In 2019, a small wooden painting was found in the kitchen of a nonagenarian. During the inventory of the goods, the experts from the Turquin cabinet understood that it was The Derision of Christ by Cimabue, a revered Florentine master, considered by art historians as the major figure of the Italian pre-Renaissance. Today, some five years later, after many adventures including an auction to a private collector culminating in 24 million euros, the Louvre has just announced the acquisition of this extremely rare work, which thus becomes the oldest from the collection dedicated to the pre-renaissance. And for curators, this essential milestone will allow us to better understand the evolution of Western painting.
The entry of The Derision of Christ, - also entitled The Mocked Christ -, makes Laurence des Cars, the president and director of the Louvre, enthusiastic: “Being able to announce the acquisition of these two exceptional works is a great joy for me. Firstly because Cimabue's La Mérision du Christ constitutes a crucial milestone in the history of art, marking the fascinating transition from icon to painting. It will soon be presented alongside the Maestà, another masterpiece by Cimabue belonging to the Louvre collections and whose restoration is currently continuing. Together, the two paintings will be the subject of an event exhibition in spring 2025.
Also read: Cimabue: exceptional discovery of a painting by the Florentine master in Compiègne
The story of the rediscovery of this masterpiece by Cimabue, the third missing link from one of the eight panels of a large diptych painted around 1280, is quite incredible. Found in the kitchen of a house in Compiègne, destined for scrap before appraisal because it was wrongly considered of no great value, it was finally examined by Éric Turquin, the expert on the famous and presumed Caravaggio, at the time highly publicized. .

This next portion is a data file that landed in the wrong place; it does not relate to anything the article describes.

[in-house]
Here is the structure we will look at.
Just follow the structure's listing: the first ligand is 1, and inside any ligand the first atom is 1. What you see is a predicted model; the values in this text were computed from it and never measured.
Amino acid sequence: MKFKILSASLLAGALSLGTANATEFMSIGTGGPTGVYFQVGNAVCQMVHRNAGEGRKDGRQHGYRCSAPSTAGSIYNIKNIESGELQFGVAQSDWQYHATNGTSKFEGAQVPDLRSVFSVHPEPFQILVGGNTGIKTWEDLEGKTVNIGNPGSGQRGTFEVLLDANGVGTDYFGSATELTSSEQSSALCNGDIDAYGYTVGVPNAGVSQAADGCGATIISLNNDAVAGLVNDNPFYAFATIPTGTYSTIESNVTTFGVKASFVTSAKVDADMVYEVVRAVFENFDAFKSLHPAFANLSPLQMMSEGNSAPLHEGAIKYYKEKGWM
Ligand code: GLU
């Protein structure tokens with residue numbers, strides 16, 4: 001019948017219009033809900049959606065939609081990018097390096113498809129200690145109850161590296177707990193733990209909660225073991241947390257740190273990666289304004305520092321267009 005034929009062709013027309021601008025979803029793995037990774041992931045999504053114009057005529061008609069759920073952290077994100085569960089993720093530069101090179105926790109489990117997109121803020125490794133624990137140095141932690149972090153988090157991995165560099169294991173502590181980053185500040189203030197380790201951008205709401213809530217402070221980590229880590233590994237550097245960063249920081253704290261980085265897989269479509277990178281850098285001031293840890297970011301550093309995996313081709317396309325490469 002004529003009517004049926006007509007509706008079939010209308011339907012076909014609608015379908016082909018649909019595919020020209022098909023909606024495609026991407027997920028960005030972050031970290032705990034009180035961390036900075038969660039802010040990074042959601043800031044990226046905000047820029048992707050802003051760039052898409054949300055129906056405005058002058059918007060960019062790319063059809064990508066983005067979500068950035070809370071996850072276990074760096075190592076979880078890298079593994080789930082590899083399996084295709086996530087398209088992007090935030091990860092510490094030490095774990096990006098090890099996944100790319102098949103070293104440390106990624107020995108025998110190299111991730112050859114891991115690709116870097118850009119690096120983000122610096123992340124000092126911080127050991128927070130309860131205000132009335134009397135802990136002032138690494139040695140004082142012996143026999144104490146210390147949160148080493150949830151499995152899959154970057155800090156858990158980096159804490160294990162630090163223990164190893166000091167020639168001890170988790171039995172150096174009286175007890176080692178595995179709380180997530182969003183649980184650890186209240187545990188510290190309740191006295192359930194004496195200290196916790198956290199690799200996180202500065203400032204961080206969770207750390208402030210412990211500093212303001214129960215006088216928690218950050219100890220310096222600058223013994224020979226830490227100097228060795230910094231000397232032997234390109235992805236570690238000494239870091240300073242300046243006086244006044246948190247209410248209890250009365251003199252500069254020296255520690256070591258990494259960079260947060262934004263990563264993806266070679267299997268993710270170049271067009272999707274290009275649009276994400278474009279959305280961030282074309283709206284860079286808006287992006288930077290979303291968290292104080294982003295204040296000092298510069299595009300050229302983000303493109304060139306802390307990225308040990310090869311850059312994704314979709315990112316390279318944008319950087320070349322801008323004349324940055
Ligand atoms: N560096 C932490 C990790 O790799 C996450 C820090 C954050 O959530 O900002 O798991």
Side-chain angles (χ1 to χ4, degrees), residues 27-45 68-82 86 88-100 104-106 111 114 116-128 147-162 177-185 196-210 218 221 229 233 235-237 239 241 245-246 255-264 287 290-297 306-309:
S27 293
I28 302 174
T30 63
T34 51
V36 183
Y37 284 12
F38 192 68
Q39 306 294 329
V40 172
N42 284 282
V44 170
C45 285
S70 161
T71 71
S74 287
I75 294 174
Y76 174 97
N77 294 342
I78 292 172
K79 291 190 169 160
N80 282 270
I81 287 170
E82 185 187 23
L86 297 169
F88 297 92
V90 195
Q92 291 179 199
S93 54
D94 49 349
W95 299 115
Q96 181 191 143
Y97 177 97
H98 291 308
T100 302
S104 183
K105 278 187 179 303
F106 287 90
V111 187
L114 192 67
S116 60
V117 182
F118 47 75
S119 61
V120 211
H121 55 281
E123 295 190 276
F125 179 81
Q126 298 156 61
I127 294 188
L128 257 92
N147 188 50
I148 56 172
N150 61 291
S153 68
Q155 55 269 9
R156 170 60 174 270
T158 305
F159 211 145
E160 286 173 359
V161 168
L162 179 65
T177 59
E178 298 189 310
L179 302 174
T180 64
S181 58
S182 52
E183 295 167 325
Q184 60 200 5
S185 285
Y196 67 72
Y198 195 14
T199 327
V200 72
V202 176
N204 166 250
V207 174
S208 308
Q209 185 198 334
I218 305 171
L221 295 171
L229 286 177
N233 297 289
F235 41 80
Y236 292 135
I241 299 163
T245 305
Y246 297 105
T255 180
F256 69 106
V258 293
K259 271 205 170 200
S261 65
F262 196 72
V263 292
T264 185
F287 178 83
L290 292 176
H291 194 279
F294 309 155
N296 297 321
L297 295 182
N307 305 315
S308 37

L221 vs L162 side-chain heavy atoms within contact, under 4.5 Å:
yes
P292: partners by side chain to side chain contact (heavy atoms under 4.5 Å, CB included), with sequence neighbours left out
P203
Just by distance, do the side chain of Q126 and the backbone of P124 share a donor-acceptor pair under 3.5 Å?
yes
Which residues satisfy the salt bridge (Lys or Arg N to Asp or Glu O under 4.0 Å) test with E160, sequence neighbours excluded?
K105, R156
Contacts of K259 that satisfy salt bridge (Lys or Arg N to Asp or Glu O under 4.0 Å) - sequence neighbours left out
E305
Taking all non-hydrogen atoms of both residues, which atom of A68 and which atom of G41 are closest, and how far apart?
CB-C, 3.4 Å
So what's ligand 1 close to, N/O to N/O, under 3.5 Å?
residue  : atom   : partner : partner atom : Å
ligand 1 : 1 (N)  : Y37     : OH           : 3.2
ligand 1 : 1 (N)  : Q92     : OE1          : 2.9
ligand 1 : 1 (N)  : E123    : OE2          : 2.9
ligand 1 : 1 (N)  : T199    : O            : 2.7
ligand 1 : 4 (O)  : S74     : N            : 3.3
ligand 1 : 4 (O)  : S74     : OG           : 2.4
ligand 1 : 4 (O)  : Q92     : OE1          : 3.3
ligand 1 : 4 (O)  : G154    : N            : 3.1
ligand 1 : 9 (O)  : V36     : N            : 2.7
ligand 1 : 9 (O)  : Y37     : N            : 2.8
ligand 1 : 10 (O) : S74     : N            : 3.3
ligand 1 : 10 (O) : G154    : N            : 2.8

Finally authenticated, La Dérision du Christ was initially estimated at between 4 and 6 million euros. Then the painting was acquired under the hammer in Senlis for the record sum of 24 million from a private buyer. It thus becomes “the 8th most expensive old painting sold in the world”.
Faced with the artistic and especially historical importance of this testimony to the beginnings of the Renaissance, the Ministry of Culture, at the end of 2019, decided to classify the work as a national treasure for thirty months. Today with its admission to the Louvre, followed by its exhibition in 2025, this conservation work has borne fruit. Visitors to the Louvre will therefore be able to admire it in a few months and understand how Cimabue opened the way for Giotto and his disciples.